Figure 1
figure1

Participant flow through eligibility, screening, needs level assessment, and allocation to study arm. αIncludes approximately 100 participants deemed ineligible via an informal telephone screen, and 94 participants who were ineligible after formal in-person screening. βIncludes 11 participants who were unable to be located after assignment or left within 1 month of entering.

Table 2 Follow-up status for 'At Home’ participants after 24 months by need level

The primary reasons for loss to follow-up over 24 months were death (n = 5 for 3-month scales and n = 9 for 6-month scales) or inability to locate the participant (n = 9 for 3-month scales and n = 12 for 6-month scales). Some deaths occurred after participants had completed at least one follow-up interview and these data are eligible for analysis. The overall retention rate through 24 months was 97% (Table 2). No significant differences between study arms were observed in terms of follow-up (6-month scales) completion rates (Fisher’s exact P values for HN and MN samples were 0.074 and 0.082, respectively). For the 3-month scales, follow-up completion rates between HN study arms were significantly different (CONG, 100%; HF-ACT, 100%; TAU, 94%; Fisher’s exact P value = 0.002), but no significant difference was observed for the MN sample (HF-ICM, 98%; TAU, 92%; Fisher’s exact P value = 0.101). Of the 497 participants randomized, 438 (88%) gave consent to access administrative data from publicly-funded agencies.

Adverse events of all kinds were reported to a monitoring committee as well as to the Research Ethics Board at Simon Fraser University. Apart from mortality, adverse events typically involved episodes of interpersonal conflict, such as abusive language or offensive behavior involving participants.

Sociodemographic characteristics of participants are detailed in Table 3. Most were male (73%), white (56%), never married (70%), had a current medical illness (91%), were substance dependent (58%), and met criteria for 'absolute homelessness’ (78%).

Table 3 Socio-demographic and mental disorder related characteristics for the 'At Home’ participants by need status

A number of significant differences between the MN and HN samples were observed (Table 3 and 4). Several differences were expected based on inclusion criteria for each study and are reflected in the results. HN participants were more likely to have a psychotic disorder, have been hospitalized for psychiatric reasons, meet criteria for substance dependence, and have justice system involvement. HN participants also had lower MCAS scores.

Table 4 Questionnaire related characteristics for 'At Home’ participants by need status at enrolment visit

Beyond differences that were directly related to inclusion criteria (indicated with asterisk in Table 3 and Table 4), a number of additional significant differences between MN and HN were observed. MN participants were older at recruitment and when first homeless, were more likely to have been married, and more likely to have completed high school than those in the HN sample. Participants in the MN sample were more likely to report multiple physical illnesses, asthma, and HIV/AIDS than those in the HN sample.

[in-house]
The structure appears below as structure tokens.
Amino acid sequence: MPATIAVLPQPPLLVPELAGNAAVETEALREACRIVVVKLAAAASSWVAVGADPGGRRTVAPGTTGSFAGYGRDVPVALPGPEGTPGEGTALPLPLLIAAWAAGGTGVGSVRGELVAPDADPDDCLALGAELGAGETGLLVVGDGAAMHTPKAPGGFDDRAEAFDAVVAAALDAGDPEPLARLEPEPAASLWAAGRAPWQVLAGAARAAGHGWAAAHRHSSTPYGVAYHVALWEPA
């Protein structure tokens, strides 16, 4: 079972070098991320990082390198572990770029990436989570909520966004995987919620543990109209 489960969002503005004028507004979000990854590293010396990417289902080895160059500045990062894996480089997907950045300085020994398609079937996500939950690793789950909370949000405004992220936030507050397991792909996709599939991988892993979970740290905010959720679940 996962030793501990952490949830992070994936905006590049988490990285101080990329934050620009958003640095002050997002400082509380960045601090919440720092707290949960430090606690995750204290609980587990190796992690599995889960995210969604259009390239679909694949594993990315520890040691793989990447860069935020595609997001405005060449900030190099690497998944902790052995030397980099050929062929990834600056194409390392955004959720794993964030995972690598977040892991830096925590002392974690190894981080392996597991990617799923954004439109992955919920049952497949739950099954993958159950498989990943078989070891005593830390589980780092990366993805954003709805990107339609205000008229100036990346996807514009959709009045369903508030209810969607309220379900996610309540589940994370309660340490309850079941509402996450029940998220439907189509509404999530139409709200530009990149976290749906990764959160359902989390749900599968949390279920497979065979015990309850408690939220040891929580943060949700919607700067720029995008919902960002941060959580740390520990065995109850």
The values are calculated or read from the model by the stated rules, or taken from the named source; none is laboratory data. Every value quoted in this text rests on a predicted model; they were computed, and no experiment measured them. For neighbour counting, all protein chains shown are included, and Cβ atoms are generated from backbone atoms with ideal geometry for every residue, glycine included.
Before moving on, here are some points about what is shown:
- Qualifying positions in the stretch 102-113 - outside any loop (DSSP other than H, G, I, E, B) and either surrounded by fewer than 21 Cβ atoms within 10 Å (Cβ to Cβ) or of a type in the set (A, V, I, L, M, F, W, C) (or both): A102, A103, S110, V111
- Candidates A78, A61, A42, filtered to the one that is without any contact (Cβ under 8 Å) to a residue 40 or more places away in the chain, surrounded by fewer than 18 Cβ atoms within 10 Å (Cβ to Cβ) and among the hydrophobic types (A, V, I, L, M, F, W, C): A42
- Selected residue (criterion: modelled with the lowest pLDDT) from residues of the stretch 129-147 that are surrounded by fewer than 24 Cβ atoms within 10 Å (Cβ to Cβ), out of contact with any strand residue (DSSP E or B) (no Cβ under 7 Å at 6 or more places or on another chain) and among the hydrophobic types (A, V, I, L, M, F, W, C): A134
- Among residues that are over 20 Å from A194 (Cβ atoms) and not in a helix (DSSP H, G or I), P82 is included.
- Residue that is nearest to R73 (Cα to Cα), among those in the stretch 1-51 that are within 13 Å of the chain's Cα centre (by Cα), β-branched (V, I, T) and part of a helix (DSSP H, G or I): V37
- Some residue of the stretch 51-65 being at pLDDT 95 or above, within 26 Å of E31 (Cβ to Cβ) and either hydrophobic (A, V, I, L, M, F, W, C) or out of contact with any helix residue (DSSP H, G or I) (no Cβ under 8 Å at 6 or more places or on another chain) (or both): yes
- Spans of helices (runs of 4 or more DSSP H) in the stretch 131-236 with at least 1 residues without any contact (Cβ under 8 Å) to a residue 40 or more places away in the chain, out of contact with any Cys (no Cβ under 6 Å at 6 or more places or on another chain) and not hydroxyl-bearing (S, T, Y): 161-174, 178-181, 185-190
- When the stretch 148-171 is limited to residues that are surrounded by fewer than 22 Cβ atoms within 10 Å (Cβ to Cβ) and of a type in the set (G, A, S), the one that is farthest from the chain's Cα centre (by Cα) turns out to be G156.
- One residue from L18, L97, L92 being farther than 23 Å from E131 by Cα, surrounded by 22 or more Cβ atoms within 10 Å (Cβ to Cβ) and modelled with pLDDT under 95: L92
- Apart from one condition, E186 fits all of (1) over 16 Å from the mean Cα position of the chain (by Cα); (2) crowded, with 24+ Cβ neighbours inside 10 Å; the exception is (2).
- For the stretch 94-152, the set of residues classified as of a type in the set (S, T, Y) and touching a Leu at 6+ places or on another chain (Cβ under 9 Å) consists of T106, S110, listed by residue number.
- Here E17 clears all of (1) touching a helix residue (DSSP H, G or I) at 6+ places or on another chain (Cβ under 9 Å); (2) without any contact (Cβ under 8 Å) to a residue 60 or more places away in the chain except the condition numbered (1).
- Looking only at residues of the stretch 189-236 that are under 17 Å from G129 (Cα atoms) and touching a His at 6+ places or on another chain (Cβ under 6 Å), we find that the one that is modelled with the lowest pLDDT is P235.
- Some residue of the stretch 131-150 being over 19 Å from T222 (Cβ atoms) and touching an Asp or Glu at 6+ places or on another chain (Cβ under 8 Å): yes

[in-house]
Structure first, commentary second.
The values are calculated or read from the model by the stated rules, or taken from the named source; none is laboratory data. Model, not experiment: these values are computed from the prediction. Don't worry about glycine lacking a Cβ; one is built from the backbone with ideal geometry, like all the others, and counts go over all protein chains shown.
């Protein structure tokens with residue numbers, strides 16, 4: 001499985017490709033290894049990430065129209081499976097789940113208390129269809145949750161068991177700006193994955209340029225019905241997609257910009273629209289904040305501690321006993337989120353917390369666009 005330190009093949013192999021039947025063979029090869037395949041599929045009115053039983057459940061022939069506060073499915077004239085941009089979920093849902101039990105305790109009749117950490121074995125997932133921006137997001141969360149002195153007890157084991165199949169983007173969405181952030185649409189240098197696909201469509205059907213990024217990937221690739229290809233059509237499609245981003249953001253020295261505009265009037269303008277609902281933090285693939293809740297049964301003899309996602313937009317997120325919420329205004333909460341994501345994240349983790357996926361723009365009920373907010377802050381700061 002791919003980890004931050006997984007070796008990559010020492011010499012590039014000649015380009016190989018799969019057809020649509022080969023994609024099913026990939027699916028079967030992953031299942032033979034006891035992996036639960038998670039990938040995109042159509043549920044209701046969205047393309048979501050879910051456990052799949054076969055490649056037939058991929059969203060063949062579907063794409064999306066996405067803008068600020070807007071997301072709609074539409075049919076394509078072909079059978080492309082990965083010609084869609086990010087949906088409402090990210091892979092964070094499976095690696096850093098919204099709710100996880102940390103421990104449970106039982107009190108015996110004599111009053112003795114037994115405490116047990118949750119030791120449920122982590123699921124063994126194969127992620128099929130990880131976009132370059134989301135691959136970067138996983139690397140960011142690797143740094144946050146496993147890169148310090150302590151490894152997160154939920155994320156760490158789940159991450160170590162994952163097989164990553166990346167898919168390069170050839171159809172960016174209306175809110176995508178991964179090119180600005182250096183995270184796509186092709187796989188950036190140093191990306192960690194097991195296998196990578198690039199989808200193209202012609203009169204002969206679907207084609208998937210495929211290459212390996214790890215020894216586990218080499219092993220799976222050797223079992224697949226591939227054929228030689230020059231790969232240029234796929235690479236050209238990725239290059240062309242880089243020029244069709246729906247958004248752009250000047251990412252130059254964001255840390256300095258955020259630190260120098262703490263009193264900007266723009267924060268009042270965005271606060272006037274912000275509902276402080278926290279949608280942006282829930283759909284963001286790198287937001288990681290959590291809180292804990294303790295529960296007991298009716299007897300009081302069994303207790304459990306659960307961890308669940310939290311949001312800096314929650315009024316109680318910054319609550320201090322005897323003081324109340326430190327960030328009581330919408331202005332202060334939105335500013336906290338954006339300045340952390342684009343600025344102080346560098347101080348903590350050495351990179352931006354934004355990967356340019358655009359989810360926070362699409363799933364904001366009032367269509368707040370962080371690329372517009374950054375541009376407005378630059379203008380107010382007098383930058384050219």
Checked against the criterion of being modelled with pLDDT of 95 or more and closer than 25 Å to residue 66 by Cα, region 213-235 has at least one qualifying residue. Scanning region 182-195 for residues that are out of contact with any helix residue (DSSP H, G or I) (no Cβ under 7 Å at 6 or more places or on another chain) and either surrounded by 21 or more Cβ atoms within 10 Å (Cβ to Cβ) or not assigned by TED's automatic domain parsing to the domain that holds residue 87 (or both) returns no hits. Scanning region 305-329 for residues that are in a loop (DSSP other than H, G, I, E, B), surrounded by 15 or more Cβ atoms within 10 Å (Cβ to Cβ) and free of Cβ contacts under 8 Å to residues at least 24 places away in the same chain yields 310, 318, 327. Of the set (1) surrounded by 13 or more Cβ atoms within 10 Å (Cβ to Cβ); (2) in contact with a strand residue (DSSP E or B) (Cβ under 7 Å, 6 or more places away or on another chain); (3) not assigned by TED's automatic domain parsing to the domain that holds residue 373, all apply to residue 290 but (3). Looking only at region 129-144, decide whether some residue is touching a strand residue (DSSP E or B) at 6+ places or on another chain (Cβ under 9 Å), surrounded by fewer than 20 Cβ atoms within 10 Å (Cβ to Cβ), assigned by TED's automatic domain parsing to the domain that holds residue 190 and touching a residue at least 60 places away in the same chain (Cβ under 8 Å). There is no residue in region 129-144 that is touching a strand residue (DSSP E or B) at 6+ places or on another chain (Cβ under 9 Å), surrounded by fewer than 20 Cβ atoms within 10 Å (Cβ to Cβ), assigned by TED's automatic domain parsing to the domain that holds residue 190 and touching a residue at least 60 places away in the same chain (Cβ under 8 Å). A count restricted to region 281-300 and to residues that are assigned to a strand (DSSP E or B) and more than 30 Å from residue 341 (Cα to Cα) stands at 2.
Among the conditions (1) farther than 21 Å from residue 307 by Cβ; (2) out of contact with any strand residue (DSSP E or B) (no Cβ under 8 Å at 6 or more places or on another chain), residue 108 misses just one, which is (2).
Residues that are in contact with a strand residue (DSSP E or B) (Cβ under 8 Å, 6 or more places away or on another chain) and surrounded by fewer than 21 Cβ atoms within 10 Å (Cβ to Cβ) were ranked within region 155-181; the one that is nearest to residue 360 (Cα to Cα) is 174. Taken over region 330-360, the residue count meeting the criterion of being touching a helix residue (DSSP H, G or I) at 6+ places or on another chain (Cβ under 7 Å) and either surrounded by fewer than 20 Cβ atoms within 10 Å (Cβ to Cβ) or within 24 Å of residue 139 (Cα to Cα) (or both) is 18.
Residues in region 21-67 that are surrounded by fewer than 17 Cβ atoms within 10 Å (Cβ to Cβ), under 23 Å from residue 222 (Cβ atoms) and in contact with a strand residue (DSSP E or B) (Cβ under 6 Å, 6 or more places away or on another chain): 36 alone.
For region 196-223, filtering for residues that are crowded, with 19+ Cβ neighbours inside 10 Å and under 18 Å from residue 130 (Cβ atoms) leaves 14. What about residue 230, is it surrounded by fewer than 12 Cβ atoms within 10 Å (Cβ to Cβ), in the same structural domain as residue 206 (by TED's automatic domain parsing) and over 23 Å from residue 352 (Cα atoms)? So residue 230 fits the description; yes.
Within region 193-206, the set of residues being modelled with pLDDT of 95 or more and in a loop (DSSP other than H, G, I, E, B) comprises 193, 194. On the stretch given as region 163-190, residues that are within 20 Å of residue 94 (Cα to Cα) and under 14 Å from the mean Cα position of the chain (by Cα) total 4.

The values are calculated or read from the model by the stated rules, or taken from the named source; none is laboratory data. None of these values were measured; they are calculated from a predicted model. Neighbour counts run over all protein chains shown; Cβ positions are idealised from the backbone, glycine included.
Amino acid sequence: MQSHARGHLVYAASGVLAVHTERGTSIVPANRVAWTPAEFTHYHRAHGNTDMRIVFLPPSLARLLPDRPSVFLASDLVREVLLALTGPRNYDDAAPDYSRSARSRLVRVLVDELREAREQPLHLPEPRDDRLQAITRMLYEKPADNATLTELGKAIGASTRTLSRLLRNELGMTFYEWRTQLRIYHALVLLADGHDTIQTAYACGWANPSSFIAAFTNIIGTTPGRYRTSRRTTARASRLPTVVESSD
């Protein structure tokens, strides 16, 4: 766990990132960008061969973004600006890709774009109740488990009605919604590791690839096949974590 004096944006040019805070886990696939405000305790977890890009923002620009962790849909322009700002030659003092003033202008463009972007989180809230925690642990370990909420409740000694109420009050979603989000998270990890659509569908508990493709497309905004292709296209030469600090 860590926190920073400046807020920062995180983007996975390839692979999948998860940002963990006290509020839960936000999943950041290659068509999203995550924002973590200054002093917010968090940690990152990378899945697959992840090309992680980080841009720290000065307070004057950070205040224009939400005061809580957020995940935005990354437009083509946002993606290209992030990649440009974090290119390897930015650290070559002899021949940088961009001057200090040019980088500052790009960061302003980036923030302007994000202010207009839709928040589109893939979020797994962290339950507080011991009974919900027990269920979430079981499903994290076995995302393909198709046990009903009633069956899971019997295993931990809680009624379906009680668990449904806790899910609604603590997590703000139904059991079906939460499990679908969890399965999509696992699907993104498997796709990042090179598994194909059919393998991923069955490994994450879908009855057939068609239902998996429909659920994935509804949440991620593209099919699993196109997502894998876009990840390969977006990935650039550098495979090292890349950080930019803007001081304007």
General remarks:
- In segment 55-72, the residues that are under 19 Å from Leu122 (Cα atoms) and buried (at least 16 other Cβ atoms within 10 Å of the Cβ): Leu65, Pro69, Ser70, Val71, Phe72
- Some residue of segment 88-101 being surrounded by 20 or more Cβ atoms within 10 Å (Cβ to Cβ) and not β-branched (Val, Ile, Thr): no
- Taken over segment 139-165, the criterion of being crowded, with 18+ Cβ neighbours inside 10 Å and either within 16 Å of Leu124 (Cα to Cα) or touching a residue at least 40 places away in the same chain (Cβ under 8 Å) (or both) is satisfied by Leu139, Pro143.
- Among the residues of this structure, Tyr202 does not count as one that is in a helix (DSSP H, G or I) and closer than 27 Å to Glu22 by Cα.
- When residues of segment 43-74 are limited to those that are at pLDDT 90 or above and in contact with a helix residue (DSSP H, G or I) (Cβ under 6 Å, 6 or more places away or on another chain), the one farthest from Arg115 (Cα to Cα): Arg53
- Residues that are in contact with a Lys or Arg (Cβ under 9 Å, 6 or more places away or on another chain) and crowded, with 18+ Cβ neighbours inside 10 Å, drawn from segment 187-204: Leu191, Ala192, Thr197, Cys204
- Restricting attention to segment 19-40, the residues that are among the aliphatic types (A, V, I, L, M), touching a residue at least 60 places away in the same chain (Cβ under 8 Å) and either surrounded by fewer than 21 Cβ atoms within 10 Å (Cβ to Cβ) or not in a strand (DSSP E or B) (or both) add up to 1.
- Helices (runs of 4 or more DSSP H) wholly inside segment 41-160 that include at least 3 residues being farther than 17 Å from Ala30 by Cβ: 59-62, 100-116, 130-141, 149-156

Results of standardized questionnaires indicate broad similarities between the MN and HN samples (Table 4). No significant differences between groups were observed on measures of: community integration (CIS total score), health-related quality of life (EQ-5D), food security (FS), overall health (SF-12, physical or mental health scores), overall quality of life (QoLI-20), and personal recovery (RAS-22). The MN sample reported significantly greater physical integration in the community (CIS physical) and a significantly lower level of externalizing or substance-related needs (GAIN-SPS) than the HN sample.

A series of comparisons tested for potential non-equivalence between randomization arms at baseline. Sociodemographic and diagnostic characteristics for the three HN and two MN study arms are shown in Table 5. Within the HN sample, there were no significant baseline differences of sociodemographics and mental disorders between groups. In the MN sample, those randomized to TAU had longer durations of homelessness (P = 0.037) and were more likely to be absolutely homeless (P = 0.041) at the time of recruitment. Further comparisons of questionnaire results indicate no meaningful differences between randomization arms in either the MN or HN study, except for several comorbid medical conditions (HIV, hepatitis B, cancer). HN participants randomized to CONG had a significantly higher prevalence of HIV and hepatitis B, but when all blood-borne diseases (HIV, hepatitis B and C) were combined, no significant differences were observed between groups (Table 6).

Table 5 Comparisons of Socio-demographic and mental disorder related characteristics between study arms
Table 6 Comparisons of questionnaire related characteristics between study arms at enrolment visit

Discussion